Reflections on 20 Hours Doing ‘Nothing’

April 4th, 2024

“All of humanity’s problems stem from man’s inability to sit quietly in a room alone.”

Blaise Pascal, Philosopher and Mathematician

I came across this quote many years ago. It’s stuck because, for me, it highlights the potential ‘dark side’ of action. Whilst I consider it valid, it’s also challenging for someone like me who considers that ‘what we do is who we are’. I hasten to add though that why we do something, who we do it with/for, how we do it and where and when we do it are also crucial.

Having discussed this quote with others, an assumption often emerges, namely that if we sit quietly in a room alone, we’re effectively doing nothing. If you subscribe to the premise of ‘what we do is who we are’, the arresting conclusion is that if we do nothing, we are nothing.

I was keen to explore this further, but rather than sit alone in a room, I sat (and lay in a hammock) in woodland for 20 hours. During this time, I stayed within the same 15 square metres of woodland. I heard and saw no one else. I had no watch, no phone and no reading materials. I chose not to write or draw anything. I simply sat/lay and experienced day turn to night and then night turn to day. In the days leading up to it, I was apprehensive. I was worried I’d get really bored, to the point that it would be unpleasant.

Did I get bored? No.

Was it unpleasant? No. In fact, I would have been content to have stayed longer.

Did I do nothing? No. At times, I was taking care of basic needs such as eating and sleeping. At other times, I was intentional and meditated. For the most part though I simply absorbed what my senses perceived:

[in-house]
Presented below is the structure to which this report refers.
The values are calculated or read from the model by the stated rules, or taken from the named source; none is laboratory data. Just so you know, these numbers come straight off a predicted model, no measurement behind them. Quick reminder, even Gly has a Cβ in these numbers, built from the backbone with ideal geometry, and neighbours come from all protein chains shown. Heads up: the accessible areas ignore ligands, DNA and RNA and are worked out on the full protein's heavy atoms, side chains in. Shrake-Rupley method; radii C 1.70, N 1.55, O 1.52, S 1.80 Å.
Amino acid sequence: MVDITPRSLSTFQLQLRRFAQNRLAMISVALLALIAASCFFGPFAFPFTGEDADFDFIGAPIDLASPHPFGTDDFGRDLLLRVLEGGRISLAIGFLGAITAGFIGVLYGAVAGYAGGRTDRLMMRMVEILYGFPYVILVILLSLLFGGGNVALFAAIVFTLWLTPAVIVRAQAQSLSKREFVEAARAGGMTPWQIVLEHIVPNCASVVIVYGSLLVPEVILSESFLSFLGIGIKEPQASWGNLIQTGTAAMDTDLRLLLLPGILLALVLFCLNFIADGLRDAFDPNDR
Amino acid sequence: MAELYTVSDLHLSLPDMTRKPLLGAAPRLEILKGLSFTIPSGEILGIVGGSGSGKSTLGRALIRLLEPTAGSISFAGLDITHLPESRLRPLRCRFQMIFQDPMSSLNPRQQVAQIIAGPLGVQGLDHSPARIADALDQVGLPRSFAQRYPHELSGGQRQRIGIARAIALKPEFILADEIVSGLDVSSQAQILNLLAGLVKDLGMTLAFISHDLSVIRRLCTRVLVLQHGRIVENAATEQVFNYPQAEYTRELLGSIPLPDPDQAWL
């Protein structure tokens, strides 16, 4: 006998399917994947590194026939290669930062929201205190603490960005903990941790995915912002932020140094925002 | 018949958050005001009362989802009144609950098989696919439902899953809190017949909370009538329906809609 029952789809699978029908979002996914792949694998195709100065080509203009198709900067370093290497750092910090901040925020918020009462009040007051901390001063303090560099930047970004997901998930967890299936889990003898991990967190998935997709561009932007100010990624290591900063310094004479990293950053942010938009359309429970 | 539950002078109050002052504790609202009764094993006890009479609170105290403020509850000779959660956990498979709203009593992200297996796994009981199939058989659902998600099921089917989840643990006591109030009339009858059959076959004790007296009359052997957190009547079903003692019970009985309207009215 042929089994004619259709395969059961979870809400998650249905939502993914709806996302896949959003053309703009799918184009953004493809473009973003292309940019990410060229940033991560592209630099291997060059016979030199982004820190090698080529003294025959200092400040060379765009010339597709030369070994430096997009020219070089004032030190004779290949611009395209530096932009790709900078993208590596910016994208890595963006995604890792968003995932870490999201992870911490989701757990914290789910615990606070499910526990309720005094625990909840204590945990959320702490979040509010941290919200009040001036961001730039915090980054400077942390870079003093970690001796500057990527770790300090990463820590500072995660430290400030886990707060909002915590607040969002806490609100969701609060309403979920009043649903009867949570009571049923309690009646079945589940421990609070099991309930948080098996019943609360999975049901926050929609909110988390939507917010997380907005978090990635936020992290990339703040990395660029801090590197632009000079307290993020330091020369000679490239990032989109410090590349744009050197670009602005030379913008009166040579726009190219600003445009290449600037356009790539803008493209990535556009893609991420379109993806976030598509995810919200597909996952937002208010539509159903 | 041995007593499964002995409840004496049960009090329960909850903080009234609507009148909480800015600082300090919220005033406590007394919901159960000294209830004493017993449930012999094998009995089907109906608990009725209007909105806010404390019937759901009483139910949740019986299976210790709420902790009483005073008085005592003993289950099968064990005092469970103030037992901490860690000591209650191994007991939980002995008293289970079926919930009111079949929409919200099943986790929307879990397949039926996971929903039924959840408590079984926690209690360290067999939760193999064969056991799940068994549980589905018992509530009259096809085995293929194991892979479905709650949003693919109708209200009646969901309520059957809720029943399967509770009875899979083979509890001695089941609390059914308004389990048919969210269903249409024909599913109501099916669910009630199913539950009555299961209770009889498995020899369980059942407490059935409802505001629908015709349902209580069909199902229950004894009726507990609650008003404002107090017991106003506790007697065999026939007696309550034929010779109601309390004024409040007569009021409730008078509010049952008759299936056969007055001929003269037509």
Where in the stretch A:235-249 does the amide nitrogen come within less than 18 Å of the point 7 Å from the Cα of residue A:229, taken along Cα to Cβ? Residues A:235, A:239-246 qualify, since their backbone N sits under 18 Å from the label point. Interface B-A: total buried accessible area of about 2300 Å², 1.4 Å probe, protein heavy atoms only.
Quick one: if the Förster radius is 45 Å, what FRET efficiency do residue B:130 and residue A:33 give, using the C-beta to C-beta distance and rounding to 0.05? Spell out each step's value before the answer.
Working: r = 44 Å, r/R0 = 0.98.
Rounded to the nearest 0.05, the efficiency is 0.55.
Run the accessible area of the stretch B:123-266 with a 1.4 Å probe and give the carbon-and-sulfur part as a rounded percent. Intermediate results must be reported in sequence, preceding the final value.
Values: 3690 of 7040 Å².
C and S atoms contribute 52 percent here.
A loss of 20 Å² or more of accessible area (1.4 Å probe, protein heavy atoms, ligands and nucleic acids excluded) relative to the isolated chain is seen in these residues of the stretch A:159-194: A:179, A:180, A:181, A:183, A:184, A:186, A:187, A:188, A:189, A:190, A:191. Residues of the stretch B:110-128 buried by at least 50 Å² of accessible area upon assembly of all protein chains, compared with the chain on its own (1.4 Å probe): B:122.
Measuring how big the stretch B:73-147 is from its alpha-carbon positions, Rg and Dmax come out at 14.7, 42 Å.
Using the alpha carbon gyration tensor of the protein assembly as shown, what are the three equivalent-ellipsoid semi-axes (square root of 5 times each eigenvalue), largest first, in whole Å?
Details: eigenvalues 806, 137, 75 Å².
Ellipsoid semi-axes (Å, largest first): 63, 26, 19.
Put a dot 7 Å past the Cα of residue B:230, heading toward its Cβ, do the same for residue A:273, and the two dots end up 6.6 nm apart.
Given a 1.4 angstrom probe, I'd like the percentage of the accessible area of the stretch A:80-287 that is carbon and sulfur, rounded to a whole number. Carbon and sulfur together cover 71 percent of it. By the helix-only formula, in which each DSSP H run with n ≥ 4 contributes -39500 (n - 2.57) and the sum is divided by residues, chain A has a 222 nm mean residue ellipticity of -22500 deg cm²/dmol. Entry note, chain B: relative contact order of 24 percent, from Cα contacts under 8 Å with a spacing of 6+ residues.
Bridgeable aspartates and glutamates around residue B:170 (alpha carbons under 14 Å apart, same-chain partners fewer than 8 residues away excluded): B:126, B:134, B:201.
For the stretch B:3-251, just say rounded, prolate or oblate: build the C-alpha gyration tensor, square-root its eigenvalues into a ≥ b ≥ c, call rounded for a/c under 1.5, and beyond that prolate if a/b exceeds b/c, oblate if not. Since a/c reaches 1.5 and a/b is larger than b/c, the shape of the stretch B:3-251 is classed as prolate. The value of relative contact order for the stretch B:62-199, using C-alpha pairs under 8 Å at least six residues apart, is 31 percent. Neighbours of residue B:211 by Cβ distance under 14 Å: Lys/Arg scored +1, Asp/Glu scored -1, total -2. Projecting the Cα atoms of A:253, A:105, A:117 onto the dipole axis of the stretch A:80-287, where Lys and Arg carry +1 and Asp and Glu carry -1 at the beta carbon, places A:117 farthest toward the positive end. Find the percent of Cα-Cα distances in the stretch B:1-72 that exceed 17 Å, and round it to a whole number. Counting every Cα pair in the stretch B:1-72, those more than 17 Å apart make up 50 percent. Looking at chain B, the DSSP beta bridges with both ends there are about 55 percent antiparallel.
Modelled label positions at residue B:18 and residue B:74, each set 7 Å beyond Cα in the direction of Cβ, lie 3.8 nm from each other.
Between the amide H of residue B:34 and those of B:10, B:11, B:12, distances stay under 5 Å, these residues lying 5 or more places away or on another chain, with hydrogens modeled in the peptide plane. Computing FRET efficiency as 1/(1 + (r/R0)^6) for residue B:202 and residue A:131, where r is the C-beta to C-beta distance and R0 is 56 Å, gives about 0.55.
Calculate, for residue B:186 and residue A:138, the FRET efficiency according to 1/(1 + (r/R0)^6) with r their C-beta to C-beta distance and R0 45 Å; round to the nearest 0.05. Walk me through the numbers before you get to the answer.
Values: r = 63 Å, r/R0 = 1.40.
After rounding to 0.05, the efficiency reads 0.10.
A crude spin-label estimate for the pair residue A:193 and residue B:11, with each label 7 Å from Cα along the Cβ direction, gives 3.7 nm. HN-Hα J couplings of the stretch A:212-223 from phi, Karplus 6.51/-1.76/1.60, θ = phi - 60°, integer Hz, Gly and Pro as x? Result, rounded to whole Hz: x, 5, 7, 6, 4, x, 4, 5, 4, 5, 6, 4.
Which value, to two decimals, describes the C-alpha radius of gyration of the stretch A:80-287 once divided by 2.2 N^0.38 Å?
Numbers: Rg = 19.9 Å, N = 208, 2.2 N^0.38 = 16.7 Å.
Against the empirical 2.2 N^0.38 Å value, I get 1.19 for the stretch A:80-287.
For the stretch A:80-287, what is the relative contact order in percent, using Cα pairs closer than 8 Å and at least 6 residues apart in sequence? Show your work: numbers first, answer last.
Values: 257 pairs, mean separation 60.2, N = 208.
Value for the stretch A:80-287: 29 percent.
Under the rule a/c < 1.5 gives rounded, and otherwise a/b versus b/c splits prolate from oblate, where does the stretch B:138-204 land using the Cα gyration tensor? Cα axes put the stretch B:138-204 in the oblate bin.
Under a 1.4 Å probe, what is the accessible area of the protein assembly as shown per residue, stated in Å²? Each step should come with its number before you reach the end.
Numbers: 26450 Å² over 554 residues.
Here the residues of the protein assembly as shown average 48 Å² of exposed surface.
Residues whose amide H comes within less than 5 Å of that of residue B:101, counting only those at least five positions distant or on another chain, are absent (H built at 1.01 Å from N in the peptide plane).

The smells of the forest and how they varied over the course of 20 hours.

The sensation of flies around my face (a free test of self-regulation if ever there was one).

The sound of bird song, deer movement and foxes communicating (very unexpectedly, very loudly and very early in the morning).

The differing shapes and colours of the trees.

Intermingled with this were a multitude of thoughts and feelings concerning people, places and things. Some were unsurprising, as they involved very current events in my life. However, many were far more obscure and left me wondering; ‘Why on earth did that pop into my mind?’

Was there enlightenment? Most certainly not! However, despite not sleeping very well, I felt energised and upbeat leaving the forest and for the remainder of the day.

Would I recommend it? / Would I do it again? Yes and Yes. If you do give it a go, I hope you find it insightful to explore what thoughts and feelings emerge when you allow yourself that amount of time in such an environment. Also, and without meaning to be clichéd, I hope you perceive it not as a case of getting away from it all, but instead getting back to it all.

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